A Nerd-Snipe of Epic Proportions

July 29, 2015

Down the Rabbit Hole

So last week as I was writing a blog post, I found myself switching back and forth between two buffers in vim. A lot. So much that my hands actually started hurting, and I realized something: :4b⏎ is five keystrokes.

Who has the time or wrist capacity to type five keystrokes every time they want to switch buffers? Not me.

Clearly something had to change. Because I had just finished reading Learn Vimscript the Hard Way, I put my writing on hold, and switched to .vimrc where I hacked together a little something. After lots of research and false starts, I got 4t to switch to buffer 4, but for tx to work like usual and move to the next occurrence of ‘x’. This was implemented with some magic trickery by checking what the number prefix had been set to, and to use the default implementation when that number was 1.

(I don’t have enough patience to count more than 1 for move-aheads, so this behavior is OK by me.)

This lead to an unfortunate situation where buffer 1 couldn’t be switched to via my lovely new method. A discrepancy! Since there’s no way to renumber buffers, I decided just to make buffer 1 get destroyed by default. It’s a kinda shitty solution, but poorly hacking things together is oddly cathartic.

Here’s what I ended up dumping into .vimrc by the time all was said and done:

function! s:bufSwitch(count)
    if count ># 1
        return ":\<C-U>" . count . "b\<CR>"
    return 't'
nnoremap <expr> t <SID>bufSwitch(v:count1)

au VimEnter * if v:progname ==# "gvim" && expand('%') ==# "" |
                \ execute "normal! ihello\<Esc>:bw!\<CR>"    |
                \ endif

In my excitement, I wanted to post this fantastic solution on my blog to share with all of the world. But there was a problem: I didn’t want to post it in the main section of my blog1, since my usual readership has plummeted over the last few technical posts, and it’s probably not a very good idea to alienate most of ones readers. It seemed like a good idea to separate out the technical content into a new mostly-independent blog.

One would expect this to be a relatively simple job. But it wasn’t. My blog used to run on Octopress, which is pretty cool if you want something to Just Work(TM). Unfortunately, it is written in Ruby, and like most things written in Ruby, the whole thing runs on magic. Running on magic is good if you want things to happen, but it is not very good whatsoever if you want to change things.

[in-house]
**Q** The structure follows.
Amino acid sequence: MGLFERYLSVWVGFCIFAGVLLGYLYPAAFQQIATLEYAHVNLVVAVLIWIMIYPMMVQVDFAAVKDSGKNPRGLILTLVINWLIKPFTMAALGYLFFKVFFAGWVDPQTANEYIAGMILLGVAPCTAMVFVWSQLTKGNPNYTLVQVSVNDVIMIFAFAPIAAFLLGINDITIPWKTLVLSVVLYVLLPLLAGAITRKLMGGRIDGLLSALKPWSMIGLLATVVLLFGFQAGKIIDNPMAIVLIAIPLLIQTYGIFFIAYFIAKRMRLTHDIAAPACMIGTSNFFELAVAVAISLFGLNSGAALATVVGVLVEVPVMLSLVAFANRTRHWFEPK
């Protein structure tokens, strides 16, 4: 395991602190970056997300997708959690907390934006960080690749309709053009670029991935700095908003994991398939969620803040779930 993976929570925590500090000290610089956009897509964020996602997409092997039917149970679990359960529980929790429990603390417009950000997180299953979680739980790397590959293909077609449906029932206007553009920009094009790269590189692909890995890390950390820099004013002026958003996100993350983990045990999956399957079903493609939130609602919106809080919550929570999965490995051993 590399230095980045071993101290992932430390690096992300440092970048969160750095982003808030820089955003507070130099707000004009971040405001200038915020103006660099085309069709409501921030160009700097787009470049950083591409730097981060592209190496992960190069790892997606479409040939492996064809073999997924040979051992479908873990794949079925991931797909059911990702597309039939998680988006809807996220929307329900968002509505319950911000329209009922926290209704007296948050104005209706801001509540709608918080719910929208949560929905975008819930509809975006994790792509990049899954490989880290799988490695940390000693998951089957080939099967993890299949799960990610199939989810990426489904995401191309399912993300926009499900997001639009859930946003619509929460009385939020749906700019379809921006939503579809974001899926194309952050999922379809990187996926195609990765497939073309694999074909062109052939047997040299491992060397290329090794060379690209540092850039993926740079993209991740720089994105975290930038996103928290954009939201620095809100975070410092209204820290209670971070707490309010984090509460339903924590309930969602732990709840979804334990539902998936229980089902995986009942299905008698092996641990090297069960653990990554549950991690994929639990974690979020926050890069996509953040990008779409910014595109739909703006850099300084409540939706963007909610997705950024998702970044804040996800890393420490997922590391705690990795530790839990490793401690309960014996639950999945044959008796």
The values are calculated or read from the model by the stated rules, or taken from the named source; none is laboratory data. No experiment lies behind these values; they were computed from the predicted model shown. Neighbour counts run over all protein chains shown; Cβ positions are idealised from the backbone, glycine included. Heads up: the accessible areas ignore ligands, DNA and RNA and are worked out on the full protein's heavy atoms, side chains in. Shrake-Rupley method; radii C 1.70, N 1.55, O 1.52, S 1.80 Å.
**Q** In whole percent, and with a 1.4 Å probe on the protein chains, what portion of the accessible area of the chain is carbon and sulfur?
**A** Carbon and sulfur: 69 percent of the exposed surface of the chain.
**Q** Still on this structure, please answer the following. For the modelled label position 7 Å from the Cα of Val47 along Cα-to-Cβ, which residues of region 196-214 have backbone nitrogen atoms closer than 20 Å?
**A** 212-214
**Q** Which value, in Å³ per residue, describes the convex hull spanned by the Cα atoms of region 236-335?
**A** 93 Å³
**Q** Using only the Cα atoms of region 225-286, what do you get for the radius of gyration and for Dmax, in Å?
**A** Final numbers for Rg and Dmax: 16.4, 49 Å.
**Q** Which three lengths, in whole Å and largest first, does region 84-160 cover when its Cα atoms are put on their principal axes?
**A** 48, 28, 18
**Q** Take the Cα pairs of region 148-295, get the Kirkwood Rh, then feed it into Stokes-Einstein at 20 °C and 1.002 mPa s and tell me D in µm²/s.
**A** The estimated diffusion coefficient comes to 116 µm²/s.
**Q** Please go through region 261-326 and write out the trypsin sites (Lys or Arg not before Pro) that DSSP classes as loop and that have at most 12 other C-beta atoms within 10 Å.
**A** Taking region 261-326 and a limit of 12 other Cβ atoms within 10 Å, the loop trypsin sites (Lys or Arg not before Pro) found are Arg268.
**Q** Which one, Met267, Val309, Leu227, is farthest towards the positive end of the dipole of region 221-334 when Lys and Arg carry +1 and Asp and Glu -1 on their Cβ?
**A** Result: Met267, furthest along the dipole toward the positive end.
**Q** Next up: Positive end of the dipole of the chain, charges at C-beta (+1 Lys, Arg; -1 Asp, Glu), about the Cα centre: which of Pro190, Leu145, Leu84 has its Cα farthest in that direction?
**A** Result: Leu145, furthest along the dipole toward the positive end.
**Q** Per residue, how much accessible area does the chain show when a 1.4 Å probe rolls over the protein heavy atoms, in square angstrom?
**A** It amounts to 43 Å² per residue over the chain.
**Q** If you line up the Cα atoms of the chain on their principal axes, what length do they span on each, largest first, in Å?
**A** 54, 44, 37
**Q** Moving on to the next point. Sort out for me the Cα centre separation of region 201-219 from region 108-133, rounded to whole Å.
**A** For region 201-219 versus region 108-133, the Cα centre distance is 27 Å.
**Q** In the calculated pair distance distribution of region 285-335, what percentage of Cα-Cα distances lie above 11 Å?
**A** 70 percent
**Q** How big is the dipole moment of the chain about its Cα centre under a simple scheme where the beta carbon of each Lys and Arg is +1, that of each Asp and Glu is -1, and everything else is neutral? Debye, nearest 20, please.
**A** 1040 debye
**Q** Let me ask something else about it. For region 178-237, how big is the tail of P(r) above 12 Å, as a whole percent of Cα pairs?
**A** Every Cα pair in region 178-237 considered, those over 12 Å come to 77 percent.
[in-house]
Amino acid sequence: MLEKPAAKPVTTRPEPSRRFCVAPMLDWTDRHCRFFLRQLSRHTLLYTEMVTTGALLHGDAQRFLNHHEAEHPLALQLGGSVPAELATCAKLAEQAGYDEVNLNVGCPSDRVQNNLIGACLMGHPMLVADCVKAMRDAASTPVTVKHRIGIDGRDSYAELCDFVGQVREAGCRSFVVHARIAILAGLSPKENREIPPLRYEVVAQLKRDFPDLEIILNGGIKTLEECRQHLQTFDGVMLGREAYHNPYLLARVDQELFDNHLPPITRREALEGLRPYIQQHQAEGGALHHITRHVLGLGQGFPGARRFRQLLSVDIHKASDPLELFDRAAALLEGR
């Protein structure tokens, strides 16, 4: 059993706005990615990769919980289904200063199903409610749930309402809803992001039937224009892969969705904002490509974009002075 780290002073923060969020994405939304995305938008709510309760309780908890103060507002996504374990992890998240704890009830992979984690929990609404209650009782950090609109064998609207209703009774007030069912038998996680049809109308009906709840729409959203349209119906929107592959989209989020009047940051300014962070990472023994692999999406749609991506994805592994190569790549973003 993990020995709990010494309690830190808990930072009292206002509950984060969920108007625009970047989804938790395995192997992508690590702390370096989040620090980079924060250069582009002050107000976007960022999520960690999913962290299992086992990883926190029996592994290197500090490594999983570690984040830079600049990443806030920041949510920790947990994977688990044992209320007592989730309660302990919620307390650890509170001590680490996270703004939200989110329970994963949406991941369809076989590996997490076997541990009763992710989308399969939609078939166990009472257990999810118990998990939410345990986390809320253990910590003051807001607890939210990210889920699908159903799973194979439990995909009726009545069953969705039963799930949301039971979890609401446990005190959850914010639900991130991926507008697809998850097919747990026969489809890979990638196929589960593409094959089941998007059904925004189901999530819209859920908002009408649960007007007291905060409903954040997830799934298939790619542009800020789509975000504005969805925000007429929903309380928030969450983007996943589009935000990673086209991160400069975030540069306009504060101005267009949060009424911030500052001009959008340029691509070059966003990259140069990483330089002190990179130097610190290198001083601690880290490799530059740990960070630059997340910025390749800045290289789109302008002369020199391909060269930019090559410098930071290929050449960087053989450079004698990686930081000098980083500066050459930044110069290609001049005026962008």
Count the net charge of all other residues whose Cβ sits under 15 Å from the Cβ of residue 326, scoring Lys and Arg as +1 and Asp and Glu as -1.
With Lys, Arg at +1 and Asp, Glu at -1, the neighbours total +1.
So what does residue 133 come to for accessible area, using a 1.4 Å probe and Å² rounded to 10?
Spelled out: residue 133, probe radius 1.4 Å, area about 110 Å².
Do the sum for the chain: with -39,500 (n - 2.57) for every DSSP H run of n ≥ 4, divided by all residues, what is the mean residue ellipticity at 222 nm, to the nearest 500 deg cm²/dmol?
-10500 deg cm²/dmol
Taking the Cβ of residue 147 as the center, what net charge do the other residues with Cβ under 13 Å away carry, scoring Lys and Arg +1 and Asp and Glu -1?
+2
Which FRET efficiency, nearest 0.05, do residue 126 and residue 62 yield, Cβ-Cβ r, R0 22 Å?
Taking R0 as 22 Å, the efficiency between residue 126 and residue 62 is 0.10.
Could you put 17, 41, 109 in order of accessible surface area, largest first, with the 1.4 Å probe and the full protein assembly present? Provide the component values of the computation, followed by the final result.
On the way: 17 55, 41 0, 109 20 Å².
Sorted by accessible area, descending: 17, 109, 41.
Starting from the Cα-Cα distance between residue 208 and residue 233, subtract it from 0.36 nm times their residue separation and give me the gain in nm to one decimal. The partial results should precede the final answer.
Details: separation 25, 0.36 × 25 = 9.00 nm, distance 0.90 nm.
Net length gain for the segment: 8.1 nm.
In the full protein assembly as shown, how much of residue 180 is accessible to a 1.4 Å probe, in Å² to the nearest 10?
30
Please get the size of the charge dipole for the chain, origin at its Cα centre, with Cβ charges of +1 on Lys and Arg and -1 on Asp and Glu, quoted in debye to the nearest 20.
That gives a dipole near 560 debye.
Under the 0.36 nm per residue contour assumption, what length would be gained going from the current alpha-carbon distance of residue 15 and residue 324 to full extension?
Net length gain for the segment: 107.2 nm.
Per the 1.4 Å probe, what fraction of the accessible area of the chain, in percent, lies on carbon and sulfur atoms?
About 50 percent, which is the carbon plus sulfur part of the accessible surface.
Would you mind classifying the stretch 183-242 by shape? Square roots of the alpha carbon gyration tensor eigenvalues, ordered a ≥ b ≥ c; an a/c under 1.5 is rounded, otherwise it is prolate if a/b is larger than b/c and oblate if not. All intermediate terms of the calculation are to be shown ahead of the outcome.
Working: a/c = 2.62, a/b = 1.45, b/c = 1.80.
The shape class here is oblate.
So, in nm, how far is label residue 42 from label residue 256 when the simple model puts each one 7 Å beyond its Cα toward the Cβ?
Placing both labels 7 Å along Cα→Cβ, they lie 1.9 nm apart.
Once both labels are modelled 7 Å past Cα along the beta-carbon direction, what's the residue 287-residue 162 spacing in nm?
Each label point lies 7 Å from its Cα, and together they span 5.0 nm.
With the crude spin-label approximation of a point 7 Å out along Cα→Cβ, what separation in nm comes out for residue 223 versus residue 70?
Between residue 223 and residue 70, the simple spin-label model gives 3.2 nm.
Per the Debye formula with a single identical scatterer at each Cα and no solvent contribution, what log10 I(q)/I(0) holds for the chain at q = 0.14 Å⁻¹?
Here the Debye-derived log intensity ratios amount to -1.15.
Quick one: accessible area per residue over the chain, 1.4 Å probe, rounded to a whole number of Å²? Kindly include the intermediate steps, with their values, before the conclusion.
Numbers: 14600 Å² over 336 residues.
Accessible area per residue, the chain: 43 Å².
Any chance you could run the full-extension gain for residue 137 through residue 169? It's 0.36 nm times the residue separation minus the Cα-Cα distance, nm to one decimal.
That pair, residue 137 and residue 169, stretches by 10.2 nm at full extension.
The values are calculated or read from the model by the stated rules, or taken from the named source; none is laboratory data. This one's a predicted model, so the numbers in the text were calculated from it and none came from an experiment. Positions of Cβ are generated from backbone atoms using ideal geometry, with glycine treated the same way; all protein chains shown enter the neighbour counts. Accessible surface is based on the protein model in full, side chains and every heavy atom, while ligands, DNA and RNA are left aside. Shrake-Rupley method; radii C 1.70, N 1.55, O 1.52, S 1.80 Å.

And I wanted to change things.

And I’m pretty sure it’s impossible to change.

After three hours of fighting with the damn thing, I decided just to port the whole mess over to Hakyll – a spiritual relative of Octopress, but written in Haskell and, more importantly, not completely shit.

Since I didn’t really know how the Octopress stuff worked, porting the site as-was turned out to be more work than I cared for, so I decided that I might as well just do an entire redesign while I was at it. The old templates had all sorts of weird things that I couldn’t account for: random whitespace, a million files that never seemed to actually be used, and the weirdest CSS pipeline in existence.

I nuked the whole thing from orbit.

The Devil’s in the Details

Starting entirely from scratch, I coded up the first HTML document I’ve done in years. I don’t know exactly how Web 2.0(TM) Ready it is – there is a lot of new technology these days that I’d never heard of – but hey, it works. And it doesn’t have a single <table> tag. Good enough for me.

The layout stuff, of course, was easy. Conceptually I know what the structure of my page should be: a central column, a sidebar, what have you. The HTML, now that’s baby stuff. But styling it? An entirely different story.

I probably spent three works tweaking color-schemes. I’m an idiot and shouldn’t have spent this long, because I could have been doing it in photoshop (which would be fast), but instead was editing CSS by hand (which wasn’t fast).

Tweaking colors got tedious, so I started looking for a program I could drop into my test page and preview colors in real time. To my unlimited surprise, no such thing existed. You can guess where this is going… I decided to write one.

I found a color-scheme library, and hooked it up to some sliders that would jigger all the colors on my page simultaneously. I got something up and running, but soon found out there was a good reason no such thing existed: it wasn’t very helpful. I scrapped it, and started looking through color swatches.

With the colors out of the way, I decided that if I was going to do this, I was going to do it right. One of my heroes had recently written about all the typography work that had gone into producing his most recent book. I was inspired, and decided to learn about typography.

The next few hours were spent reading about things like vertical rhythm and how to go about sizing fonts relative to one another. Learning the stuff was easy; implementing it on the web is a whole different ball game. Thankfully there is a tool that figures out a lot of it for you, but there’s always a catch. When you do them right, sizes on the web are all relative to one another, but structure embeds arbitrarily.